Planetary Resources Kickstarter Campaign Takes Off

In what is already turning out to be one of the more fascinating space oriented crowdsourcing efforts yet seen, Planetary Resources introduced what amounts to a public access prototype of its planned Arkyd space telescopes at a press conference yesterday.   The broadcast started late, was horribly garbled, and at times seemed more like the sort of timeshare seminar than what was billed to be an event that would forever change the way we explore space.

Furthermore, as Marcia Smith points out at spacepolicyonline, the website itself is less than clear regarding exactly what the participant is getting in exchange for their contribution.  Also as Doug Messier seemed to suggest in the title to his story on, “Billionaire Backed Asteroid Mining Company Solicits Money From “Everyday Folks” to Build Telescope” there is something a little odd trolling for donations from the “average joe” when company is backed by some of the wealthiest people on the planet.  It is hard to disagree with the point.  If anything, Planetary Resources competitor Deep Space Industries, which does not appear to have anywhere near the potential level of initial investor funding might have seemed a more appropriate source for such an appeal.  But, when afforded the opportunity and presented in the right way, the “average joe,”  at least the ones who already have a baseline interest in space, want to participate just as much as the billionaires  who are driving much of the NewSpace revolution.

So, only one day later, Planetary Resources’ Kickstarter campaign is already 1/3 of the way to its $1,000,000 goal to finance the launch and operation of a low Earth orbit telescope which will offer individuals, groups and classrooms the ability to select targets for study, as well as take “selfie” shots which show a user’s self-supplied image displayed on a monitor against the backdrop of space, (or Earth as seen from space.)  At the current rate, and with donations averaging just over $100 per person,  it doesn’t appear as though Planetary Resources will have any trouble reaching its goal.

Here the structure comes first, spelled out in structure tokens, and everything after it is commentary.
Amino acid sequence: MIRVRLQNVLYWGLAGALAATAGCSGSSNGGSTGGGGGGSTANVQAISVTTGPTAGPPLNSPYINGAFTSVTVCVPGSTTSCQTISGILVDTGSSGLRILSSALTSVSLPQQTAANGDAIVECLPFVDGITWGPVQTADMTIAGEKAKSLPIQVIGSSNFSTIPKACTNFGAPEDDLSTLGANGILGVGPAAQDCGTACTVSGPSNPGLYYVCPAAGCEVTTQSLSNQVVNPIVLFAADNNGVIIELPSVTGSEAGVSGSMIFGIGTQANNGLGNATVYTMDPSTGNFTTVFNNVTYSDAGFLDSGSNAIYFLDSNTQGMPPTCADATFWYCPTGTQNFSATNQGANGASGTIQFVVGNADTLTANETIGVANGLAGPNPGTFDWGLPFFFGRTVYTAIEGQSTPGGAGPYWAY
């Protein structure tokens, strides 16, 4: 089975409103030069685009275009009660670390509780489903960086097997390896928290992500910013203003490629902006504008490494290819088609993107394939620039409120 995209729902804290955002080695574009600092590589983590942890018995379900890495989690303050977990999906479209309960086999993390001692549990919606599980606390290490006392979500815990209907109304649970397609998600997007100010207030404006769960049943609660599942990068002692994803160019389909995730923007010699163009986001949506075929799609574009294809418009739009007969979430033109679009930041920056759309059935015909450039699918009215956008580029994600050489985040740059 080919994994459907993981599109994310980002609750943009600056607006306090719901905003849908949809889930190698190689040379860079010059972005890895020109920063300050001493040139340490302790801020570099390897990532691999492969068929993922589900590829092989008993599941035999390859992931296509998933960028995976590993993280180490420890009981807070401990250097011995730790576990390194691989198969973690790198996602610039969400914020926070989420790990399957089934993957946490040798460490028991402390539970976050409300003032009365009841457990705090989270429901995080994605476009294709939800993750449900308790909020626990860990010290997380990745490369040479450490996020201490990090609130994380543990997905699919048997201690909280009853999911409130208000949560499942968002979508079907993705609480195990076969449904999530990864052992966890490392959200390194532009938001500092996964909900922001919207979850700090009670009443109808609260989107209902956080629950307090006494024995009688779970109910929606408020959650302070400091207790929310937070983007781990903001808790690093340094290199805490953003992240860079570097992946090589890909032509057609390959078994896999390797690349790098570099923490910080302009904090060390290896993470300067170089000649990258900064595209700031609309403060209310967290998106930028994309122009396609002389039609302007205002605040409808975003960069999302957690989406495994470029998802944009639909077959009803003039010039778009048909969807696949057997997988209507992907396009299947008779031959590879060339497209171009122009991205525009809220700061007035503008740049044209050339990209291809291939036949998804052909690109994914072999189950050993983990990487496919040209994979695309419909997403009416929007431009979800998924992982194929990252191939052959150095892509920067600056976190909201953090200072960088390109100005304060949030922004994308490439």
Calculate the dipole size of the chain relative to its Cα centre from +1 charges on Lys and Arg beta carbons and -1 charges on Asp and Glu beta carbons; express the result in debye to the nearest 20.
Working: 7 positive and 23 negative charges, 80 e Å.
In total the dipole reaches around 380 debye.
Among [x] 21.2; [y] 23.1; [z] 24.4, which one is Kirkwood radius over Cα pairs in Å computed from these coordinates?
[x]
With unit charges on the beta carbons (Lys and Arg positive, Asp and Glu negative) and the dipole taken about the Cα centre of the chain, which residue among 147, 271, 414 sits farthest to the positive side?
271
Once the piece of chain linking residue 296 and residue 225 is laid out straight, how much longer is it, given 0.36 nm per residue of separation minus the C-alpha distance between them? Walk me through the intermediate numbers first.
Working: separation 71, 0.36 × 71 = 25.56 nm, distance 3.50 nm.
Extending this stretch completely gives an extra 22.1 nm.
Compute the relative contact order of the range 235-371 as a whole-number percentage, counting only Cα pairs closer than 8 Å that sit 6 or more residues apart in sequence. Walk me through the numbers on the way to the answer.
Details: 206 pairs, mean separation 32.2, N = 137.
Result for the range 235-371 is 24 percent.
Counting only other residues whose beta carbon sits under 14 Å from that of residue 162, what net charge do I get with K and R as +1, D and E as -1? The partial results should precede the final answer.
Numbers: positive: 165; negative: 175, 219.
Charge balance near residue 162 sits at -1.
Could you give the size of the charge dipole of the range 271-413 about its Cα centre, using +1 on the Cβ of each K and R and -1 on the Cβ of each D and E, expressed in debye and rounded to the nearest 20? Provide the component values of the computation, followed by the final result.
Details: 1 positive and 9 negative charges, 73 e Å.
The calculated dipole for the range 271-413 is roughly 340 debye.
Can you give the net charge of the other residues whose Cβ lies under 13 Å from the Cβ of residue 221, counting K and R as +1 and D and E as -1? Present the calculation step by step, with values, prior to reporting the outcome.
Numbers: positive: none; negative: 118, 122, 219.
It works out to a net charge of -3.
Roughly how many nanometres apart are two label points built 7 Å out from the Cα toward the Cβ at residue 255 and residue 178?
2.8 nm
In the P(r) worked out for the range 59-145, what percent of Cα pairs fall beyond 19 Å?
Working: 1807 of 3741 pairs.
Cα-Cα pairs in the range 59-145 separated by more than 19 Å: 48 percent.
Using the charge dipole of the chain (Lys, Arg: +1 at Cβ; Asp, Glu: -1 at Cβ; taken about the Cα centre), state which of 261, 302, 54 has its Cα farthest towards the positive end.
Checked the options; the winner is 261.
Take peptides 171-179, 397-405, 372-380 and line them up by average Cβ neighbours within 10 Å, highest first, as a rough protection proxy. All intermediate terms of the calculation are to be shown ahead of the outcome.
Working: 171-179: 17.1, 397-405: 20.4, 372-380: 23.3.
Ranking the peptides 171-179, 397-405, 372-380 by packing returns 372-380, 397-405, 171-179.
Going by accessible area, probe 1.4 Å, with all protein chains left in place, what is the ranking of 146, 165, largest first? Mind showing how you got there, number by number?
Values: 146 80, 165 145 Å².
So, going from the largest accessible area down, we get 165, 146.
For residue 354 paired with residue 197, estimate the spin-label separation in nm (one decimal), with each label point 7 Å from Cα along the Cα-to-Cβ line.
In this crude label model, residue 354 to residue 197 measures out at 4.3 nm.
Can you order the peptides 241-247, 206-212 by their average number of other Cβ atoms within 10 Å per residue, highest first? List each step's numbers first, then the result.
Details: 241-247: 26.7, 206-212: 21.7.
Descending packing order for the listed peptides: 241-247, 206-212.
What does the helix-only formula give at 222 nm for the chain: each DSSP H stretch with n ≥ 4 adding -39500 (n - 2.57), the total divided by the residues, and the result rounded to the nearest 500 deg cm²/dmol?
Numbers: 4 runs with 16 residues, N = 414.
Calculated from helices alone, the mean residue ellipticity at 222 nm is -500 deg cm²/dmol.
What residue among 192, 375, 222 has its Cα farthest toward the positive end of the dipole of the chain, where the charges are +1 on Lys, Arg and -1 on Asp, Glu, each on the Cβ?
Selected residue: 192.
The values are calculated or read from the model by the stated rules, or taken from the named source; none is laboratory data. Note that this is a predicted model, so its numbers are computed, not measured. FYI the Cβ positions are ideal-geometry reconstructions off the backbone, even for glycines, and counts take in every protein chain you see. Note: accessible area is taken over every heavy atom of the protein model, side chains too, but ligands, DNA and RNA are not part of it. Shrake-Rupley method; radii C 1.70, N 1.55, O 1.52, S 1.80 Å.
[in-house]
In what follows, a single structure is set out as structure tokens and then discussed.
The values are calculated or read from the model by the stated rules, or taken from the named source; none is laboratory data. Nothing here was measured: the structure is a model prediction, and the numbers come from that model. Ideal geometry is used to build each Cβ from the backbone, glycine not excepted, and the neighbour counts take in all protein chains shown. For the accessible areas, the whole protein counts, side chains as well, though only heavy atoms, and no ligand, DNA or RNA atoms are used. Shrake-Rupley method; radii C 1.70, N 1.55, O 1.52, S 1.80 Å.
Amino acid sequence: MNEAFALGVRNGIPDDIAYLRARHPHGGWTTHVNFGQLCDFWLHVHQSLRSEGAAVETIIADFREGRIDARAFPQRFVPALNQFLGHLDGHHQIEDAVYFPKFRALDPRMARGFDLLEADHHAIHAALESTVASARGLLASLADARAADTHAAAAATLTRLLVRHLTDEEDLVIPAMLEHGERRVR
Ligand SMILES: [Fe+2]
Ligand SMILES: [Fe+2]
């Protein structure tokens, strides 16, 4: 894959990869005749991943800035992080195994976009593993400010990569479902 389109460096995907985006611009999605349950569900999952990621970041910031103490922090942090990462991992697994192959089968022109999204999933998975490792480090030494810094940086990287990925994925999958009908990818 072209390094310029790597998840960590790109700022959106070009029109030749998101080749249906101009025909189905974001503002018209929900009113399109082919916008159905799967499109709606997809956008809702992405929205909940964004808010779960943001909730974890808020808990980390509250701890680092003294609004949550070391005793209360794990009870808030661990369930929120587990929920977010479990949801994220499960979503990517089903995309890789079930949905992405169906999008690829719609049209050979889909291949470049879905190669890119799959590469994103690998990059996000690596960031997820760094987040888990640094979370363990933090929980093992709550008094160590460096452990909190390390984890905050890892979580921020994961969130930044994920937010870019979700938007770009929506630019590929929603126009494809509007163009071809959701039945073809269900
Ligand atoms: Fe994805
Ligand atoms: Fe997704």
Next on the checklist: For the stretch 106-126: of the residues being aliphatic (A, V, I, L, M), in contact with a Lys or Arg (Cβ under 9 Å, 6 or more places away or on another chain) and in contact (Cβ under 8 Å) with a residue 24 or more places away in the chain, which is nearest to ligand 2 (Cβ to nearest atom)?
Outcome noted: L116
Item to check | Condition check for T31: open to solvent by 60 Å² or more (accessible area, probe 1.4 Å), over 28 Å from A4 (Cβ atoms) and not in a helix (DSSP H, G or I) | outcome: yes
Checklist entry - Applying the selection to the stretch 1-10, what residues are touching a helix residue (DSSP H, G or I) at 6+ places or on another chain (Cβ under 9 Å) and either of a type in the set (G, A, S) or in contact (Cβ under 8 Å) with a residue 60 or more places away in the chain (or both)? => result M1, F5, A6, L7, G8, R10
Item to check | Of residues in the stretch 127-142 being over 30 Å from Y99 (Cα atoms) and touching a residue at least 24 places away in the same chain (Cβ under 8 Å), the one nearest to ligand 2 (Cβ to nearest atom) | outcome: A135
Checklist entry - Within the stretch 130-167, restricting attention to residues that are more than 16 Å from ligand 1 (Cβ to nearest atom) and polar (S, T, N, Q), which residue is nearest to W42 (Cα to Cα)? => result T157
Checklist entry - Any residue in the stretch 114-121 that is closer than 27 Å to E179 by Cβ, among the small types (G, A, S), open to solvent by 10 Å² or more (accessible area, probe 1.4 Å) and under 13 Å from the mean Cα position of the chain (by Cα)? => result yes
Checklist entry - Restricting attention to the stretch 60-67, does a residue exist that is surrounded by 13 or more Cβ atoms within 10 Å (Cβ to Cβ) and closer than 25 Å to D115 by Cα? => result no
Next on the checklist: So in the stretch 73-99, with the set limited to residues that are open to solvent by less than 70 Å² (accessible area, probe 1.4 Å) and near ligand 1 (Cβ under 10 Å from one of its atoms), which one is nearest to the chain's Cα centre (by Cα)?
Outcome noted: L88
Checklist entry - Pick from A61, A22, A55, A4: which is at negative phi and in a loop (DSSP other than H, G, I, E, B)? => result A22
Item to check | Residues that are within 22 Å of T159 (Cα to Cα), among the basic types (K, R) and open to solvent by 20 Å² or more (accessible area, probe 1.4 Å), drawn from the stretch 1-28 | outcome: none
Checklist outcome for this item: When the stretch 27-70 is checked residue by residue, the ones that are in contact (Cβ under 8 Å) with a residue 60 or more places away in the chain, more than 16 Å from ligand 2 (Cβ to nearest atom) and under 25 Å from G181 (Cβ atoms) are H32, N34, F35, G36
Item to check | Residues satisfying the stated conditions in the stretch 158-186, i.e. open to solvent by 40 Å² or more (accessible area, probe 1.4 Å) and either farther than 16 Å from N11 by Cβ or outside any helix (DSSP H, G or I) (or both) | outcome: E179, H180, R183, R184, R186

Surely, Golden Spike is looking at this and thinking “what the hell? ” after its Indiegogo campaign flopped miserably. No doubt the PhD theses are already being drawn up, but one early guess as to why one failed and another is succeeding, Planetary Resources campaign is offering a measure of ownership, even if it is literally in the timeshare sense of the word.  It is also offering the ability to personalize the experience in a way that connects to the social media regime in which it was introduced. The Golden Spike campaign on the other hand, offered the opportunity to help fund a marketing campaign, with the rewards being mostly impersonal (outside of thank you note, which is just being polite) until donors reached the $1000 level.  

We are only at the very beginning of the revolution, or more properly, evolution taking place within NewSpace itself, in which crowdsourced funding is rising up to take its place alongside wealthy individuals, angel investors and private equity in fueling the expansion of space commerce, and no doubt there will continue to be as many misses as hits along the way, but the potential should not be underestimated.  After watching the current success being enjoyed by Planetary Resources, it will be interesting to see if Golden Spike, which now has something a little more concrete to offer in terms of its “Pumpkin” lunar lander design,  attempts to re-launch their effort on the basis of lessons learned.

The Planetary Resources Kickstarter campaign is here.

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